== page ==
Cultivating the courage to resist ‘too much medicine’
Aim and intended outcome
Where do generalist health care professionals turn to find the factual knowledge, critical reasoning, human sensitivity and moral courage that is needed to avoid medical overactivity? This workshop will explore some core writings of generalist medicine that describe principles and practices which may enable clinicians and policymakers to resist medical overactivity. In an era which combines unprecedented belief in the powers of technology with the overwhelming availability of medical (dis)information, developing the capability to resist medical overuse is an urgent priority for practitioners, educators and researchers alike.
The workshop will open with a brief presentation showing how key texts that describe generalist virtues are being used in Scandinavian primary care education settings to nurture ‘courageous’ researchers, clinicians and decision makers. The main focus of the workshop will be group discussions in which participants will be encouraged to develop their own ideas about how key generalist texts might be incorporated into practice and into educational settings in order to encourage awareness of - and capability to avoid - the potential harms of medical overactivity. A summary of key learning points will conclude the workshop.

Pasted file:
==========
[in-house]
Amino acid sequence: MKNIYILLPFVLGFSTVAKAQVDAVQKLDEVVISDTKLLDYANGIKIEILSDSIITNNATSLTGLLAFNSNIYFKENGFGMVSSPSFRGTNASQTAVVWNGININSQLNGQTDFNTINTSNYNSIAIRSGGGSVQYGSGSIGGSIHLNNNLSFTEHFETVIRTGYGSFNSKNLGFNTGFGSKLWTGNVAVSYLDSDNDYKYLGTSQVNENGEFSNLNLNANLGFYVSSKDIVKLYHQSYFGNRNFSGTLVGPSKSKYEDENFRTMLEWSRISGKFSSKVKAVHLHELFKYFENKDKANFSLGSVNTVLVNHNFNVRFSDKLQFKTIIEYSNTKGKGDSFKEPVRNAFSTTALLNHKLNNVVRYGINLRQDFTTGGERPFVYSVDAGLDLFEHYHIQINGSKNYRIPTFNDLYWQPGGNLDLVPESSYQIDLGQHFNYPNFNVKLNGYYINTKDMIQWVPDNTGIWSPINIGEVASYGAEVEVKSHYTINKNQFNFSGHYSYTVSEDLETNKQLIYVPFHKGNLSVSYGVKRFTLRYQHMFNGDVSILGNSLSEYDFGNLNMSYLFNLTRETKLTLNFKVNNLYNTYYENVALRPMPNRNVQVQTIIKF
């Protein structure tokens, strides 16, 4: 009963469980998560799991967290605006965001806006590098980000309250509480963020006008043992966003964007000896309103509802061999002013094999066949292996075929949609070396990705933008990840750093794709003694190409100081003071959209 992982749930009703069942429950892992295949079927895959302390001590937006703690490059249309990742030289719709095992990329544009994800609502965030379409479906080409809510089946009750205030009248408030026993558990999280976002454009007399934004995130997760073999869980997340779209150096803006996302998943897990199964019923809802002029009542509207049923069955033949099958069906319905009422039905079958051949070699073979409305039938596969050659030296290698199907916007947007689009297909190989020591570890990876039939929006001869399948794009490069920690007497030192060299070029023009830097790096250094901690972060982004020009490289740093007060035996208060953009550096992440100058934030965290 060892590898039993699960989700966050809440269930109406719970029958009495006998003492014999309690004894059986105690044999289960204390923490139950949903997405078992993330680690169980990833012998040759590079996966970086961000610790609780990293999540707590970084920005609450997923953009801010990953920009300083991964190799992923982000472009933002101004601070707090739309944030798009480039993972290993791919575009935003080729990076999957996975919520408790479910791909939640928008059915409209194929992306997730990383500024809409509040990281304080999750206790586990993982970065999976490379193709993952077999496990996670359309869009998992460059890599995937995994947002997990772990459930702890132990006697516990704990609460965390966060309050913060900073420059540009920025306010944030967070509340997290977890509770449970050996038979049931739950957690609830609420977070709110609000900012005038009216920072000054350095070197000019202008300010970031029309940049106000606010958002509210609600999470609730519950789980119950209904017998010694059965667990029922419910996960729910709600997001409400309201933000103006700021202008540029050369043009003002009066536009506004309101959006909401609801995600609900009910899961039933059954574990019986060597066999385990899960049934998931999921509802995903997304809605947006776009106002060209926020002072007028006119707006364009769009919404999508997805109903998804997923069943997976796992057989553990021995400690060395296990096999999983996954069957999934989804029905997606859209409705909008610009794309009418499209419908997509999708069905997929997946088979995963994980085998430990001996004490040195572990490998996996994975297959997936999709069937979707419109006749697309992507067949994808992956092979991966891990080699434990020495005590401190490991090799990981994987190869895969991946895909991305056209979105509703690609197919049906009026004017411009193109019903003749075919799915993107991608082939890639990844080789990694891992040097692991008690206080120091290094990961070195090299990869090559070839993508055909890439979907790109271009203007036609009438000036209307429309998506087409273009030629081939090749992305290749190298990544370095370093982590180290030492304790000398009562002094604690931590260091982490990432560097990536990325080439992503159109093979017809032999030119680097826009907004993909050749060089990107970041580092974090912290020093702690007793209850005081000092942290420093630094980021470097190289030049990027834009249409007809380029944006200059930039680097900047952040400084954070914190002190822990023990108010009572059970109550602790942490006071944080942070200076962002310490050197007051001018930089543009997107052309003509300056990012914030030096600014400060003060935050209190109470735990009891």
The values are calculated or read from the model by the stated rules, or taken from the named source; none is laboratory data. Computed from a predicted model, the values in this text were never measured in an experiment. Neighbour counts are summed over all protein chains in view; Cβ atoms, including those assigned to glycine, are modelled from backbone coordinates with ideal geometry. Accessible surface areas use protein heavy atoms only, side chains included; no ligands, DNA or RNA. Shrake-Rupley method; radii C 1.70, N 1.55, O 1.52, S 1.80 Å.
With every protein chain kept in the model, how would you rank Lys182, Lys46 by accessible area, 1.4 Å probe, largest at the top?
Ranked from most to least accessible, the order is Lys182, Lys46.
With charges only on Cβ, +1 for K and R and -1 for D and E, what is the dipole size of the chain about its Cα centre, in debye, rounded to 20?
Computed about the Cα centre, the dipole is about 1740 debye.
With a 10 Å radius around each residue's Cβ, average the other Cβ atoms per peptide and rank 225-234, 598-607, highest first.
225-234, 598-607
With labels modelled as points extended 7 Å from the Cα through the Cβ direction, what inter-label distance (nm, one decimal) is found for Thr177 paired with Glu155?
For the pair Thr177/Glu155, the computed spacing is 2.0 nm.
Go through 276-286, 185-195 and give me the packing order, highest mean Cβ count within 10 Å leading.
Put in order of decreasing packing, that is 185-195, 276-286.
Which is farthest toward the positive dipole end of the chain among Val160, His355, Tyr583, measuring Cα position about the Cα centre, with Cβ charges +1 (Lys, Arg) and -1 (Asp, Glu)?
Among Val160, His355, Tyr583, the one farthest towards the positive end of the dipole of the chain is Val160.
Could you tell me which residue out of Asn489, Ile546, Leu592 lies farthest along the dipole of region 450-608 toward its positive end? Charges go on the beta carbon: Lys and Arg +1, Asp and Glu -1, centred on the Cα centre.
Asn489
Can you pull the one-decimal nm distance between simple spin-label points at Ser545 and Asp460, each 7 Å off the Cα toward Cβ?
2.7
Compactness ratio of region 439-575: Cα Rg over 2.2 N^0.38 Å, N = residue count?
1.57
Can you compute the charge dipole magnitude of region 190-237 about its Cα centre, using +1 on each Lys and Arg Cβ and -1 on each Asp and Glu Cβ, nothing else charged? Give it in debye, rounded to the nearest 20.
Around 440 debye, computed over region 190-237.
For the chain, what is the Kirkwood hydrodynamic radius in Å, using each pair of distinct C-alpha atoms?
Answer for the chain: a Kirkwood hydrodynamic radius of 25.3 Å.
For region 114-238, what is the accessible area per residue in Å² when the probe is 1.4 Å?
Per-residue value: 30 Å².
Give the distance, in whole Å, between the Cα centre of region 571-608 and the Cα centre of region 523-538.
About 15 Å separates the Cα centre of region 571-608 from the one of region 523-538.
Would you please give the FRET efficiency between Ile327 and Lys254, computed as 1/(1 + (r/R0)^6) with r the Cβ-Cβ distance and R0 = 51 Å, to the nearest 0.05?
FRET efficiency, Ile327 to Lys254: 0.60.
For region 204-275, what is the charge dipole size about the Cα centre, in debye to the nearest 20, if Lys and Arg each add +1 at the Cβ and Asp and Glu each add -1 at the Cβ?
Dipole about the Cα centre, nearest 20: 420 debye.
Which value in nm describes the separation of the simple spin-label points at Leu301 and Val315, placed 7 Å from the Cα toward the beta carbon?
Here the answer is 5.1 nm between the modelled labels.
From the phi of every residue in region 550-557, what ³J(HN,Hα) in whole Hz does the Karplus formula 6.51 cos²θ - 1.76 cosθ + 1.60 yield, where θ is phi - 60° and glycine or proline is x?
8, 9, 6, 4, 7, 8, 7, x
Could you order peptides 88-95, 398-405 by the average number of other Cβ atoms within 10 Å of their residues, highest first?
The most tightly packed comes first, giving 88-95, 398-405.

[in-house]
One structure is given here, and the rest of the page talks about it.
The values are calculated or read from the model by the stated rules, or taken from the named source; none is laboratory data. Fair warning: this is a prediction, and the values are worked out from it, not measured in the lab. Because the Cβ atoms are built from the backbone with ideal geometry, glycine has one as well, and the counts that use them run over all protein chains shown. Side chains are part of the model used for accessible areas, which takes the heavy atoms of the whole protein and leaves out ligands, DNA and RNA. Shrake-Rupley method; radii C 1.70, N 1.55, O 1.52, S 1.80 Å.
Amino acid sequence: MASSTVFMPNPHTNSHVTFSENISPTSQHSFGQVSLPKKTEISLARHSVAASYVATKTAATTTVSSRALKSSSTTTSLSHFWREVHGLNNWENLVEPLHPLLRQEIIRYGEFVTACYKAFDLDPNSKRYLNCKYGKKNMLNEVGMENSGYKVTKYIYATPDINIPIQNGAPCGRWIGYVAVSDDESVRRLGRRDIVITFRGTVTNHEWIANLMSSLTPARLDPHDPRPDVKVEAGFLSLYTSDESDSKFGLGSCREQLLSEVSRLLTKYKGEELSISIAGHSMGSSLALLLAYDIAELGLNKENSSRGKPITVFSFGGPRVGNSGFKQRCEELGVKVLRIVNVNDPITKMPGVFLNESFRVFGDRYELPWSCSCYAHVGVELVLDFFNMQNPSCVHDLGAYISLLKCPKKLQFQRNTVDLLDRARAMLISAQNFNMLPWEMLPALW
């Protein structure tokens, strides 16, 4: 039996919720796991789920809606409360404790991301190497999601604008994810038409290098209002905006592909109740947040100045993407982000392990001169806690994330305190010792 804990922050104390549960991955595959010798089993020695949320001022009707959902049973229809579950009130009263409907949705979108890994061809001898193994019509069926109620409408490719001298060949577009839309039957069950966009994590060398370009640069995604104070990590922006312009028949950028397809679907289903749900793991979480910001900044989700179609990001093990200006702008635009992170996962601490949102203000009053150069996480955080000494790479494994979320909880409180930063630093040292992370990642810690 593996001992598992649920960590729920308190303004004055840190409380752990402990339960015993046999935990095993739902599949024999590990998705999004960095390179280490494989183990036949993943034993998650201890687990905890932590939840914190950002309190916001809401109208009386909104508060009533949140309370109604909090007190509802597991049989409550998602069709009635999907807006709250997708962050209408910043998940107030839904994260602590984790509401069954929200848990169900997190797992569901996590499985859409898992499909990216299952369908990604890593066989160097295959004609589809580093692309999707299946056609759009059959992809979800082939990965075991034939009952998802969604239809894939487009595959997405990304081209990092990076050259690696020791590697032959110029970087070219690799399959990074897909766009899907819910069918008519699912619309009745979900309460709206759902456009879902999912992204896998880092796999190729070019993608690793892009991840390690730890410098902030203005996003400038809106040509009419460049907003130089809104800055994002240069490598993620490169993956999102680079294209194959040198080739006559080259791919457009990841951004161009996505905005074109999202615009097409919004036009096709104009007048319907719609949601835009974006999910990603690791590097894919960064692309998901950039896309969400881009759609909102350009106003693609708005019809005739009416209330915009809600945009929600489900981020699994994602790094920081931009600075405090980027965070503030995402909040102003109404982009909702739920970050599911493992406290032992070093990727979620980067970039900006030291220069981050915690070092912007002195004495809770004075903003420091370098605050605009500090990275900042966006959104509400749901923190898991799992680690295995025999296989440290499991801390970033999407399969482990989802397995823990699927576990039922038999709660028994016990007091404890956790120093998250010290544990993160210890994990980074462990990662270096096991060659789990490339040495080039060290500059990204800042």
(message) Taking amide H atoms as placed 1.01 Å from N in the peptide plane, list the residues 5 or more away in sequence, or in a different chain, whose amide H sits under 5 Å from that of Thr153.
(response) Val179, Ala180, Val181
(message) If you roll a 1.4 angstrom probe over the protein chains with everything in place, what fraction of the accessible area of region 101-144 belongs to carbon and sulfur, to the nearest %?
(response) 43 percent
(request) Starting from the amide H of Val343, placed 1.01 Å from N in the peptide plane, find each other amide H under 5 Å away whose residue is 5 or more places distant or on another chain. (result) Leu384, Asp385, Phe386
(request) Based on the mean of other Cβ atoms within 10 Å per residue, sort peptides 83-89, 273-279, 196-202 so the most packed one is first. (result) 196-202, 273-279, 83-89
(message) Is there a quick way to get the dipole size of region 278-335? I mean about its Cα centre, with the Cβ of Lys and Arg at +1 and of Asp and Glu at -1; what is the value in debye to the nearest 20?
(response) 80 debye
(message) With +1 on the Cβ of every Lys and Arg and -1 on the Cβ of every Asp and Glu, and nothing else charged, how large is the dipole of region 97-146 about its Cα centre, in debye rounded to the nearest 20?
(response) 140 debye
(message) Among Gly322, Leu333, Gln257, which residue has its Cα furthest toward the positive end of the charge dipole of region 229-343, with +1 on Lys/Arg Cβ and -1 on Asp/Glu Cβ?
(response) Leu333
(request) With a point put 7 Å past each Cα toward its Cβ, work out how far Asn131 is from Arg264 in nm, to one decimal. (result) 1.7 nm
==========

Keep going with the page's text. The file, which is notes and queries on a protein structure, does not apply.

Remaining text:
A daunting task for future doctors will be a requirement to help people navigate an ocean of possibilities in terms of monitoring, testing, diagnoses and interventions. We postulate that competent adherence to a ‘less is more’ strategy (which may sometimes mean ‘wise inaction’) can safeguard genuine medical needs in a socially accountable manner, containing cost and preventing harm. Such a strategy does not materialise from clinical epidemiological analyses of the harm accruing from unwarranted medical action alone. A renaissance for the medical generalist who sees the patient as a person, interacts shrewdly with different forms of ‘evidence’ and is equipped to deal with the fundamental uncertainty of human existence requires a range of intellectual and moral qualities. Inspiration for the development of these qualities can be found in the generalist medical literature, which is too often overlooked in general practice training. Examples of texts that instil courage and promote good doctoring include the writings of Julian Tudor Hart, Julian McCormick, Iona Heath, Trish Greenhalgh, Gilbert Welch, Atul Gawande, Peter Gøtzsche, Michael Marmot, Kirsti Malterud and Per Fugelli. However, our list of key generalist texts against too much medicine is still in the making. The workshop will give ample room for new ideas, questions and reflections. Please join in!
Any SAPC participants.